Removing Paint From Bottles

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Hello, All...

I was recently given a rather large number of 22 oz bottles that
mostly appear to be from the Stone Brewing Co.

The question is, they all have painted on labeling.

What would be a good way to remove that paint?  I have tried "Paint
Remover" from Home Depot as well as mineral spirits with almost no
luck at all.

The fellow at Home Depot said, when I took a bottle in, that it looked
like a "special" paint that would require a "special" solvent.

Any ideas? Acetone, maybe?

Thanks!




Re: Removing Paint From Bottles
I'd give acetone a try, nothing to lose but $4 or so.  Get the full-strength
stuff from the paint aisle.  Even if it doesn't work, it's useful to have
around the house.

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Re: Removing Paint From Bottles
On Sat, 02 Oct 2004 03:36:22 GMT, "George Schmidt"

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That's true... I guess the wife could use it as industrial strength
finger nail polish remover!

You say, "Full-strength stuff"... Does it come in different strengths?



From The Desk Of
Marty Albert
KC6UFM

Democracy is 2 wolves and a sheep voting on what to have for dinner.
---
Liberty is 2 wolves deciding to have sheep for dinner and finding a well
informed and well armed sheep.

Re: Removing Paint From Bottles
Well, there must be different strengths of acetone.  The kind that's in nail
polish remover takes about 5 minutes to soften the finish on a dining room
table (I have 4 daughters)  On the other hand, the stuff in the paint aisle
will degloss plastic instantly and will eventually melt it after 2 or 3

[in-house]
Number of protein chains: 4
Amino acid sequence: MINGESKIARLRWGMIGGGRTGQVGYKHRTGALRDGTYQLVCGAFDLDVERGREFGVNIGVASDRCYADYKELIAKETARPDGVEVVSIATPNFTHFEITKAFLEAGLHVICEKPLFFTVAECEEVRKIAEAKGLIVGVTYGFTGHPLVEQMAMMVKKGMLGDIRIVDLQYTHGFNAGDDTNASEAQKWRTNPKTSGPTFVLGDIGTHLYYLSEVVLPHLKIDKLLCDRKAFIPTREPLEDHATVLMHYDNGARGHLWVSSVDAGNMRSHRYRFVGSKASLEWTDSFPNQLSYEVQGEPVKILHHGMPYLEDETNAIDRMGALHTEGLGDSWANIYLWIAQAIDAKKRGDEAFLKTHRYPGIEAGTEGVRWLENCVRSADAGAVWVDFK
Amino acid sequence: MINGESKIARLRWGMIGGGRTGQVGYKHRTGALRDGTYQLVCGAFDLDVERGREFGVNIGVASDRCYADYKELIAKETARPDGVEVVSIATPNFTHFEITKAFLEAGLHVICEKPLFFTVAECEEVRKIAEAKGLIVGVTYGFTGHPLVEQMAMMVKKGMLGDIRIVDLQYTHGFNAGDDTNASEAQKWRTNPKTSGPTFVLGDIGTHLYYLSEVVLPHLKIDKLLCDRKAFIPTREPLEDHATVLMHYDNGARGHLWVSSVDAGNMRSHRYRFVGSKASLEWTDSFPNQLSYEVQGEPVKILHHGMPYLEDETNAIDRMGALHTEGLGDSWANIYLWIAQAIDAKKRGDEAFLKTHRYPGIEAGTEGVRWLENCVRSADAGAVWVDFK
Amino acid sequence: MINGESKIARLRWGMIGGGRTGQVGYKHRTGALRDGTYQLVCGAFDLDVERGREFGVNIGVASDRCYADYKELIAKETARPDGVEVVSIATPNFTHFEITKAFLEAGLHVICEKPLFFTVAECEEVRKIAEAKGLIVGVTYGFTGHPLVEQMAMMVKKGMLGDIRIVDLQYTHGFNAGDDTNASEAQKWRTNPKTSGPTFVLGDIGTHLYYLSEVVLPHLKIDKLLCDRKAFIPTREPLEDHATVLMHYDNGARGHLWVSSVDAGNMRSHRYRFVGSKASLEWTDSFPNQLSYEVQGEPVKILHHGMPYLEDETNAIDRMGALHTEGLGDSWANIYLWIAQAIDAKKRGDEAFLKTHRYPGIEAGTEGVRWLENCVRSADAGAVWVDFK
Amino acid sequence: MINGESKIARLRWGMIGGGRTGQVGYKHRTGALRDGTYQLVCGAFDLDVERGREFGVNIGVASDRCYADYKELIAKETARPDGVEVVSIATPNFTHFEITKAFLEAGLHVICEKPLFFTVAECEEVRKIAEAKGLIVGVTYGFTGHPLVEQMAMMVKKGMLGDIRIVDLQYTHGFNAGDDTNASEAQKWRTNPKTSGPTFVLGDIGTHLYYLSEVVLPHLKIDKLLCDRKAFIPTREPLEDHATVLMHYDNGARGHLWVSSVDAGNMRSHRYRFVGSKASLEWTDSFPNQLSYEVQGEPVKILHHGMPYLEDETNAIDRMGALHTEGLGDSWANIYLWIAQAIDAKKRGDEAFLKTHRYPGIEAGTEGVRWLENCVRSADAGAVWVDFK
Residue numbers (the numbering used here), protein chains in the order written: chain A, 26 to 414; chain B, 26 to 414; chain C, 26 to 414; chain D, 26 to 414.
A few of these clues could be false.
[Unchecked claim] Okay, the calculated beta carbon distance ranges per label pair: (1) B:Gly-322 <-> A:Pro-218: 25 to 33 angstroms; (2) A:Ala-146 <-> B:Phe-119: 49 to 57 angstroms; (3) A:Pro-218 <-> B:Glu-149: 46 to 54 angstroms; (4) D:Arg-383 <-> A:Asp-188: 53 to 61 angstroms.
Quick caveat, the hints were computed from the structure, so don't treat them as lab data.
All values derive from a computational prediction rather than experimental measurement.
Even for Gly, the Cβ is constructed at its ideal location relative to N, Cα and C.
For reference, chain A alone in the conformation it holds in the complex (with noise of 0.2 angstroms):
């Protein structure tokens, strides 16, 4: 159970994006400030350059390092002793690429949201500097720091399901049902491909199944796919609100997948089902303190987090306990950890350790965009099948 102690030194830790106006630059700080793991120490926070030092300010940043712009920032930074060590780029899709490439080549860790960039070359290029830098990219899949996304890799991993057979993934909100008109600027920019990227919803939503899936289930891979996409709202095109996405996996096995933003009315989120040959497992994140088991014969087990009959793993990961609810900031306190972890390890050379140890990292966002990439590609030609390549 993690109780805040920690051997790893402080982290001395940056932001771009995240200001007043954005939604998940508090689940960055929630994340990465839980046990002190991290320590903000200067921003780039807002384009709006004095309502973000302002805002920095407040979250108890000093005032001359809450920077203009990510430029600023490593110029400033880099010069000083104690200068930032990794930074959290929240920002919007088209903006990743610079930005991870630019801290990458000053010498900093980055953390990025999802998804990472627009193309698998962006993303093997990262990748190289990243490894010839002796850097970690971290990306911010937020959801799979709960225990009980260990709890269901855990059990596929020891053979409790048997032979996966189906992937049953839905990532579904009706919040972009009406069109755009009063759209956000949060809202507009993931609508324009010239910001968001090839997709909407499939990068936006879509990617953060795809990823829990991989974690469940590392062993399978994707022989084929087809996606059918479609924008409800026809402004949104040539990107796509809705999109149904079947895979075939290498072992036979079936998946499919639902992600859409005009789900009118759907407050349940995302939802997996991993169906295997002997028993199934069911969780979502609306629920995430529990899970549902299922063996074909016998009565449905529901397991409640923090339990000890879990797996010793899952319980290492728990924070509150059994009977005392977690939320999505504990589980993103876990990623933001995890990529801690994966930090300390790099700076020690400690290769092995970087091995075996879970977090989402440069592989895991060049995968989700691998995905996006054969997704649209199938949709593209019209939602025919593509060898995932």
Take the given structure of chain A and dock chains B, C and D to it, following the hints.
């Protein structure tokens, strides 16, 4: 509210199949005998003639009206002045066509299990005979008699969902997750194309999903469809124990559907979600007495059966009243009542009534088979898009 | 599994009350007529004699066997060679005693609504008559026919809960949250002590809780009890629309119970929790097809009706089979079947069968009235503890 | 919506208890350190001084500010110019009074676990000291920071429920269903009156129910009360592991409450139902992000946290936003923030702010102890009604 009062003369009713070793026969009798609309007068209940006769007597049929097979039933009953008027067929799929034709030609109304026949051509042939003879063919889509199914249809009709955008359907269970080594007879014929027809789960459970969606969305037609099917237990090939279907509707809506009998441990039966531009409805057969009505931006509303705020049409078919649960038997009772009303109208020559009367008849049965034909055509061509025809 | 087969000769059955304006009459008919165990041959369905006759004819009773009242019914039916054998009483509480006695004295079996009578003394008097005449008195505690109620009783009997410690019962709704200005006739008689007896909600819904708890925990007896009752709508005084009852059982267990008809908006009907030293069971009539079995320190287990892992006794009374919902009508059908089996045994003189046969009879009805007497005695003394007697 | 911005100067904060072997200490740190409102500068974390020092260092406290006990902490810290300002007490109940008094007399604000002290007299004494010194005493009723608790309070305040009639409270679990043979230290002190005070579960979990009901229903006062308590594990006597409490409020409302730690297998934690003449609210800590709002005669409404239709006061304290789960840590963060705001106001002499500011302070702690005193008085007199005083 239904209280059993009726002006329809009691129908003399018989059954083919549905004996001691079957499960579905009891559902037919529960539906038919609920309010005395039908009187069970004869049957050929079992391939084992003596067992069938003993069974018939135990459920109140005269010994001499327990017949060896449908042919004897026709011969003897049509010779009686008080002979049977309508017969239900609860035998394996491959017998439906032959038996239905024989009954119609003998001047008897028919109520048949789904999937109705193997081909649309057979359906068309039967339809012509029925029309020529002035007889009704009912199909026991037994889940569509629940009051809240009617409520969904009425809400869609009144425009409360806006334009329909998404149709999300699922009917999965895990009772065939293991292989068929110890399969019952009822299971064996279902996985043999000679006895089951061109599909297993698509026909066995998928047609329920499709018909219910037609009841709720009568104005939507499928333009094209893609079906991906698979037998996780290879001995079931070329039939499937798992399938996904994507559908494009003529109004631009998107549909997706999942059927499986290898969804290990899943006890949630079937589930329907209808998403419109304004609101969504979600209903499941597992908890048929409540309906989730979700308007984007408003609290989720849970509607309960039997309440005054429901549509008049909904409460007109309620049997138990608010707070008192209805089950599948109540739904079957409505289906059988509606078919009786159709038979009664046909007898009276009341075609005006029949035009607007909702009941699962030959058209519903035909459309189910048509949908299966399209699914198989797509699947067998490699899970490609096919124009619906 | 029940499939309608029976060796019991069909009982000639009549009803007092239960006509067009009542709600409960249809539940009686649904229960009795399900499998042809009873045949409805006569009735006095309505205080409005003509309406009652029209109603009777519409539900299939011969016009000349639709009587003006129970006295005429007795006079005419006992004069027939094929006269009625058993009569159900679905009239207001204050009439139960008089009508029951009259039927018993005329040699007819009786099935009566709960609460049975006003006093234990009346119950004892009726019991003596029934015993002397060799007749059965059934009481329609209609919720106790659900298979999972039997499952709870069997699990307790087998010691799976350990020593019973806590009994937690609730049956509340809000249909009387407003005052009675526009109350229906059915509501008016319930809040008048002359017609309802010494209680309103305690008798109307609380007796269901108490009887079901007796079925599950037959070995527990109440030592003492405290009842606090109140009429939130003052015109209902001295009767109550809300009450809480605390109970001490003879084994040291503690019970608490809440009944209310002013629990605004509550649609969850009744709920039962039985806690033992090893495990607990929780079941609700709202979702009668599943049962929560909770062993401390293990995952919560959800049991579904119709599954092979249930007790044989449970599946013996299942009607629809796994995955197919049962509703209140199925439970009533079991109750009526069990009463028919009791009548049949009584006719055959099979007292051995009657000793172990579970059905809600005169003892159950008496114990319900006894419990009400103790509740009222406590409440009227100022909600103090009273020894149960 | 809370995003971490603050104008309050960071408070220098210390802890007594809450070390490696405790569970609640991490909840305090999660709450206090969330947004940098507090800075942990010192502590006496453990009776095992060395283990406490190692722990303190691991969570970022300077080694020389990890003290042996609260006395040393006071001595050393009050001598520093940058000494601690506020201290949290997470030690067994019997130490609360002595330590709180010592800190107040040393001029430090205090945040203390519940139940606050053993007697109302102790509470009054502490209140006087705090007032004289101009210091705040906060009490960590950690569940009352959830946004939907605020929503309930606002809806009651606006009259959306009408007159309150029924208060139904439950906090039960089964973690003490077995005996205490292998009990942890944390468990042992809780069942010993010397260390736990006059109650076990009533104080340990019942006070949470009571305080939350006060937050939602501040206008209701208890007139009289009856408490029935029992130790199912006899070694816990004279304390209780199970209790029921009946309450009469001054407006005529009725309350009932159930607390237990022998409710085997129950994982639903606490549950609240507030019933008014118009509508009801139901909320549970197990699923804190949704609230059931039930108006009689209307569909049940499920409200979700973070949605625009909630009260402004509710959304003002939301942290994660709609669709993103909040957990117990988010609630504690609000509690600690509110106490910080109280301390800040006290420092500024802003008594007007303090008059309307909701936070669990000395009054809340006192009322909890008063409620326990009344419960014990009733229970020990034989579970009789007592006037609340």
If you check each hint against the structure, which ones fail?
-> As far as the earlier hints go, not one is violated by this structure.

minutes.

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Re: Removing Paint From Bottles
On Fri, 01 Oct 2004 21:52:51 +0000, Marty Albert wrote:

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Do you actually *need* to remove the paint? When I bottle I leave labels
on unless they come off when I clean the bottles and I mark the crown caps
with a code using a CDR marker pen. I don't do competitions except the UK
National Homebrew Festival and for that I use bottles like Timothy Taylor
Landlord or Marstons Pedigree which I know the labels soak off really
easily. When I give beer to friends I remind them to ignore the label and
point out the cap is marked so they won't get the bottle confused with any
other bottles with the same label they may have at home (unlikely as a lot
of the bottles I use are from harder to find beers you can only buy from
specialist beer shops). They don't care so long as there is my beer in the
bottle anyway. There are times when it is nice to label a special batch
yourself and in that case I either use Landlord bottles or similar where
the label will soak off or I make a new label which covers the entire old
label but I rarely do labels and even then I probably wouldn't label the
entire batch so this isn't such a bind as it sounds.

--
Andy Davison
andy@oiyou.force9.co.uk

Re: Removing Paint From Bottles
On Sat, 02 Oct 2004 10:42:04 +0100, Andy Davison

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There you have hit the rub, Andy...  I really don't *need* to remove
the labels, I just want to. I do tend to make my own labels (very
simple ones, I am NO artist!) and I want the finished product to look
nice and clean.



From The Desk Of
Marty Albert
KC6UFM

Democracy is 2 wolves and a sheep voting on what to have for dinner.
---
Liberty is 2 wolves deciding to have sheep for dinner and finding a well
informed and well armed sheep.

Re: Removing Paint From Bottles
Marty Albert wrote:
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Have you tried lye?

Bob

Re: Removing Paint From Bottles
Acetone will work, but you gotta be careful. DO it outside, It will also
dissolve rubber gloves, tooth brushes(makes a neat label glaze with tooth